Thinking of Restoring your Name to your Maiden Name?
You may request that your name be changed to your maiden name as part of your divorce action. Pursuant to Section 45.105 of the Texas Family Code, on the final disposition of a suit for divorce, for annulment, or to declare a marriage void, the Court shall enter a Final Decree of Divorce changing the name of a party specially praying for the change to a prior used name unless the Court states in the Decree a reason for denying the name change. The Court may not deny a change of name solely to keep last names of family members the same.
In short, this means that you can request that your name be changed as a part of the Court orders in your Final Decree of Divorce. If you decide to include this in your Decree, be sure to get certified copies of your Decree after it is entered by the Court. Most agencies require that you provided them a certified copy of your Decree in order to facilitate your name change.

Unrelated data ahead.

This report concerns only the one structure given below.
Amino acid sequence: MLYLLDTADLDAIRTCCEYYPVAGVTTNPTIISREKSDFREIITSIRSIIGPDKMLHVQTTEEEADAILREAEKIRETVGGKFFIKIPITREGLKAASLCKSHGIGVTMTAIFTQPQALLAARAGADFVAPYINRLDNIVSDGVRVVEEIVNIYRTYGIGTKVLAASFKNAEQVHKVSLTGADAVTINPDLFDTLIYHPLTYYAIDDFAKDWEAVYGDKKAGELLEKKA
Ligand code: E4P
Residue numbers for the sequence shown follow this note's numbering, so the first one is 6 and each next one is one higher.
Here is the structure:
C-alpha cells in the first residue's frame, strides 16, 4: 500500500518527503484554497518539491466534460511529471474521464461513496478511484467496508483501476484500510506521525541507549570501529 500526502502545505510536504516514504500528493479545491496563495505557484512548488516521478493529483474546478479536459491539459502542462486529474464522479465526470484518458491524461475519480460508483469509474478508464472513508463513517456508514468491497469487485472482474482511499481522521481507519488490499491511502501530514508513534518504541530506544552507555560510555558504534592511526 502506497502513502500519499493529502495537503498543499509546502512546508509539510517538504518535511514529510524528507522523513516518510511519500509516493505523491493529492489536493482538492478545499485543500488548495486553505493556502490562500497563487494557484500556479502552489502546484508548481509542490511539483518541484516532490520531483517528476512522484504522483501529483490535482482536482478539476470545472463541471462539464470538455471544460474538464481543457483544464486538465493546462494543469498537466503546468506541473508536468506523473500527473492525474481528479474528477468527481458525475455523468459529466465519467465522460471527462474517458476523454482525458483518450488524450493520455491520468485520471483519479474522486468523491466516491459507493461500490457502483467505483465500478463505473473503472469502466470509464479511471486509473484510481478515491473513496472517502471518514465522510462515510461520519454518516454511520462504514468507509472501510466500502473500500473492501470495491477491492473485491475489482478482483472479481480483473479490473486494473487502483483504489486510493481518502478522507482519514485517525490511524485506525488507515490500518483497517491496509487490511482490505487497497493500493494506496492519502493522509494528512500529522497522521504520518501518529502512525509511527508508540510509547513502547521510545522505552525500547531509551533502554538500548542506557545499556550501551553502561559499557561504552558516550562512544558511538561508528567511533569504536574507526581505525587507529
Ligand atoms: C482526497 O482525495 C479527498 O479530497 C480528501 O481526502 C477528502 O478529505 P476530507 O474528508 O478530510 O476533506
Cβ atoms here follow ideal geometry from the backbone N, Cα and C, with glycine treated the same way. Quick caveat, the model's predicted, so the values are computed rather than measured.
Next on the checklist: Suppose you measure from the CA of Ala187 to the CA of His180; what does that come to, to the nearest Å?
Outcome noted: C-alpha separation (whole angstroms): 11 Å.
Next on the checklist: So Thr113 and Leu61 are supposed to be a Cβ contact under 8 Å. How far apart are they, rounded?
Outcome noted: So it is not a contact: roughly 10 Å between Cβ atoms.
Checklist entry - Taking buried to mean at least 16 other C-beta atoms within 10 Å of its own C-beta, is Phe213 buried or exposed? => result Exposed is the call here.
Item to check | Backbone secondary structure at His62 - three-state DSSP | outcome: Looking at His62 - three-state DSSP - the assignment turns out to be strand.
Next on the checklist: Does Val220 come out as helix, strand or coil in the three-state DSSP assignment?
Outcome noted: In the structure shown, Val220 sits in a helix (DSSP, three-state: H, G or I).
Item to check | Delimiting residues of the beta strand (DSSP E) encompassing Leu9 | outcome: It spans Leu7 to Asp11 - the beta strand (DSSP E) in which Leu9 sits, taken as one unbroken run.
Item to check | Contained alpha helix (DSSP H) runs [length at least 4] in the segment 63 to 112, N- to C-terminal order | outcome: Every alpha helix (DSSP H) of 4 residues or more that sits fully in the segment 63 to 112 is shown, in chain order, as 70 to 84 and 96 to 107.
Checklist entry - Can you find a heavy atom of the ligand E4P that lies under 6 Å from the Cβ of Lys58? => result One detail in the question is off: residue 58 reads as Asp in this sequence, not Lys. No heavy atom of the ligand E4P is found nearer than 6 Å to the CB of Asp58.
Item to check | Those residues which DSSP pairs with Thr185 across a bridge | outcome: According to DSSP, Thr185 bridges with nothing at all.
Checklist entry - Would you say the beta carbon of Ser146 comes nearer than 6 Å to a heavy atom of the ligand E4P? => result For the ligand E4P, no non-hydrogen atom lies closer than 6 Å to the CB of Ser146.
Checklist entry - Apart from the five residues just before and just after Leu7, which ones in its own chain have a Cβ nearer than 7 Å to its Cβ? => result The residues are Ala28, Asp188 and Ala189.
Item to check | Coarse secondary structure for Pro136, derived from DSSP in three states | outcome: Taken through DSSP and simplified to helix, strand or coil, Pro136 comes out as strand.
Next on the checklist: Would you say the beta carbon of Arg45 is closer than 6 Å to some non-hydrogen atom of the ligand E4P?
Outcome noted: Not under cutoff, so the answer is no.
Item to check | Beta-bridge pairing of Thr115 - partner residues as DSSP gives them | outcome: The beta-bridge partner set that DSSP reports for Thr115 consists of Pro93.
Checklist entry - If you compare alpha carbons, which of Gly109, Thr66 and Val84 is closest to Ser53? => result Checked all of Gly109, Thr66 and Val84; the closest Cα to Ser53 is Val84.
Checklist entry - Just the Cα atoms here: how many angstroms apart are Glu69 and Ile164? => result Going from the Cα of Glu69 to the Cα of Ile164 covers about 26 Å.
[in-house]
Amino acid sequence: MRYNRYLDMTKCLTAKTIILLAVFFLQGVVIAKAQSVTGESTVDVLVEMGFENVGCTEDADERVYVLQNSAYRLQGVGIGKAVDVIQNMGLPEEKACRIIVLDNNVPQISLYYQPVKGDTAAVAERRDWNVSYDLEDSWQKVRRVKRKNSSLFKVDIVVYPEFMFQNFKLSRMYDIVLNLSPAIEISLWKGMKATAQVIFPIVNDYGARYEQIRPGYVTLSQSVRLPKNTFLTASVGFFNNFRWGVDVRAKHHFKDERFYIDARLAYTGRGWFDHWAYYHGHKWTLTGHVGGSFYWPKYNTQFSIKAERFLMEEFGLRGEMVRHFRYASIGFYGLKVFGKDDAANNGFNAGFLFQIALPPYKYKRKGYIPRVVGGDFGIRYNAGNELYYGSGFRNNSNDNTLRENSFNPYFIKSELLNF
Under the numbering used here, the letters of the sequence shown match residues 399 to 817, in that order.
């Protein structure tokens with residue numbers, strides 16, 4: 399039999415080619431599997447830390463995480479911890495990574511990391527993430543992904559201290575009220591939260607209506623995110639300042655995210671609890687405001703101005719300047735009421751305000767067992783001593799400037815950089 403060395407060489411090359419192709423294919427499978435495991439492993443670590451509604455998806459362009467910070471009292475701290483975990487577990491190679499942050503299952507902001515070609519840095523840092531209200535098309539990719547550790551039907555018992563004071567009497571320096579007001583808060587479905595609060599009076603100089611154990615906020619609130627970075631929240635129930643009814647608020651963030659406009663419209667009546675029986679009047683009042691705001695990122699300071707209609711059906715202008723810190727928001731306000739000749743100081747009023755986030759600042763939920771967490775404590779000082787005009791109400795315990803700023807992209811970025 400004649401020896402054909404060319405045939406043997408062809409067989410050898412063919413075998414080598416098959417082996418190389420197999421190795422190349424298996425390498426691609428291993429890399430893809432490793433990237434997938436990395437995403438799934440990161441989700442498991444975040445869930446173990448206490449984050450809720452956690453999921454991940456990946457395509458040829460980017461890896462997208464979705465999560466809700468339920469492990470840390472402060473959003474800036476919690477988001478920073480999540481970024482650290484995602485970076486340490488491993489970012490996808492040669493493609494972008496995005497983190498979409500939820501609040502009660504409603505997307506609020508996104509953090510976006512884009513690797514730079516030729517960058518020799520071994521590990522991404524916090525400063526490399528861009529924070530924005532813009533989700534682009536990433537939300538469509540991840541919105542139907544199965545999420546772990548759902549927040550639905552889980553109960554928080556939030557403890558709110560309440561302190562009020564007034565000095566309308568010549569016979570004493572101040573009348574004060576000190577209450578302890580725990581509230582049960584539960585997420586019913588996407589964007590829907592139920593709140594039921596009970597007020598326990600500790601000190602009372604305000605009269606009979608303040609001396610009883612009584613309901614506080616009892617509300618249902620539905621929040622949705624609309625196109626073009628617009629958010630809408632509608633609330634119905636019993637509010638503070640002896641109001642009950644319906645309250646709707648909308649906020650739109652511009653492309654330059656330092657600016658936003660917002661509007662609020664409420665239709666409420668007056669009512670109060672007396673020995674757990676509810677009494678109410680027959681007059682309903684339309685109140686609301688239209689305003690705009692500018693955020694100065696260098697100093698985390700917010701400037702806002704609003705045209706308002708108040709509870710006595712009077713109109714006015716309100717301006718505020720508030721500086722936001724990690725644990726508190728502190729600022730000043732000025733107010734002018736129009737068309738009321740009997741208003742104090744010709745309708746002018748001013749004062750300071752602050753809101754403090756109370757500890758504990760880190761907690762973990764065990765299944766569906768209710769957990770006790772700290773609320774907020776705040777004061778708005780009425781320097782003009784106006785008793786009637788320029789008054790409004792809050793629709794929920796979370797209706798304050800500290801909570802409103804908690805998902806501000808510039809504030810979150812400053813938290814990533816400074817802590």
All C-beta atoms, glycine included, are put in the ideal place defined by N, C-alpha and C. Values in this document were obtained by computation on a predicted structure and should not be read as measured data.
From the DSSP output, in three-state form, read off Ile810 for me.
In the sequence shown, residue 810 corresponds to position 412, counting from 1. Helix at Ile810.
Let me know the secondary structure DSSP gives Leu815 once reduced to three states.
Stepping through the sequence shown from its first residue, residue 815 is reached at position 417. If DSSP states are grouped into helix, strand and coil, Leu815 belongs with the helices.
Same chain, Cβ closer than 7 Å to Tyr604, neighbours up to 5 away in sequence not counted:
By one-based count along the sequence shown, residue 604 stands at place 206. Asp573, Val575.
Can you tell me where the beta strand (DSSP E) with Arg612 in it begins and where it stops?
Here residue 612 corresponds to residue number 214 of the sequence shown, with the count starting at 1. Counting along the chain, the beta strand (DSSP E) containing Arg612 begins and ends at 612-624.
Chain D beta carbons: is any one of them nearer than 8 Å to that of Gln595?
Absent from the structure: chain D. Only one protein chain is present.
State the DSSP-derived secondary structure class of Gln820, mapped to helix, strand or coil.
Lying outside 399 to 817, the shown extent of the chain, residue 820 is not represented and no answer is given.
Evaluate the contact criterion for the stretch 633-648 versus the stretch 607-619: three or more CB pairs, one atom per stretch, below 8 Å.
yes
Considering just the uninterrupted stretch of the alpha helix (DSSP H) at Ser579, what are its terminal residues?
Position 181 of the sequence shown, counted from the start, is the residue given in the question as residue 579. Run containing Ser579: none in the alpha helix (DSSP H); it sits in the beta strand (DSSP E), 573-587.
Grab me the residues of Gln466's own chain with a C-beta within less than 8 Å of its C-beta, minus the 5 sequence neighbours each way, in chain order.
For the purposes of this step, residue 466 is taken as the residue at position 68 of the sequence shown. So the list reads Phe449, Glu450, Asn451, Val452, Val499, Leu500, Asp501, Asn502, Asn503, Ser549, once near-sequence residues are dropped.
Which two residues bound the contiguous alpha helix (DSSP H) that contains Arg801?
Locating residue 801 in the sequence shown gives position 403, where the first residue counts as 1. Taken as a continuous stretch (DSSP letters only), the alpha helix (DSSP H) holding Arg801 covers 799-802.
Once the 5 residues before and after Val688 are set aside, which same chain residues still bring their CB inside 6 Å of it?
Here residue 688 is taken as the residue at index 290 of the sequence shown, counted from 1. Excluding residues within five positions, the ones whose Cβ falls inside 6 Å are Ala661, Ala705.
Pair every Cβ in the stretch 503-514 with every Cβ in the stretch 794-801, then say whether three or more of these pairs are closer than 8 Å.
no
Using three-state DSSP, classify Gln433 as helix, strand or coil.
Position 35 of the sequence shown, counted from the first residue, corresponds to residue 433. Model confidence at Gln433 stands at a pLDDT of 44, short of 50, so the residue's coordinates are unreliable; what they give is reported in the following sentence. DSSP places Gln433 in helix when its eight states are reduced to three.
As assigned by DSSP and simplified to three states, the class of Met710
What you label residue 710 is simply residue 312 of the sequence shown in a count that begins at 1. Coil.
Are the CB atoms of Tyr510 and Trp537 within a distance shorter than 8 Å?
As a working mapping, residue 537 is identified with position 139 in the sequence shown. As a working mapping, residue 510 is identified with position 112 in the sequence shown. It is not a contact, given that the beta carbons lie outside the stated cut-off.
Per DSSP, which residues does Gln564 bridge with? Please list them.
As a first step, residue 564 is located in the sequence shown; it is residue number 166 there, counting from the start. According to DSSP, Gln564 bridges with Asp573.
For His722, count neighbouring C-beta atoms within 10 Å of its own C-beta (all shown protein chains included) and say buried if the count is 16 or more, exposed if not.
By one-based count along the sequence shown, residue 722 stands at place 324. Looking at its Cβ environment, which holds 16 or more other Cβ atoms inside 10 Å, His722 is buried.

Remember that if you do not include your name change in your Final Decree of Divorce, you will be required to file a separate lawsuit, an Original Petition for Name Change of An Adult which will cost additional funds and will have much stricter requirements and procedures in obtaining an Order Granting Change of Name of an Adult.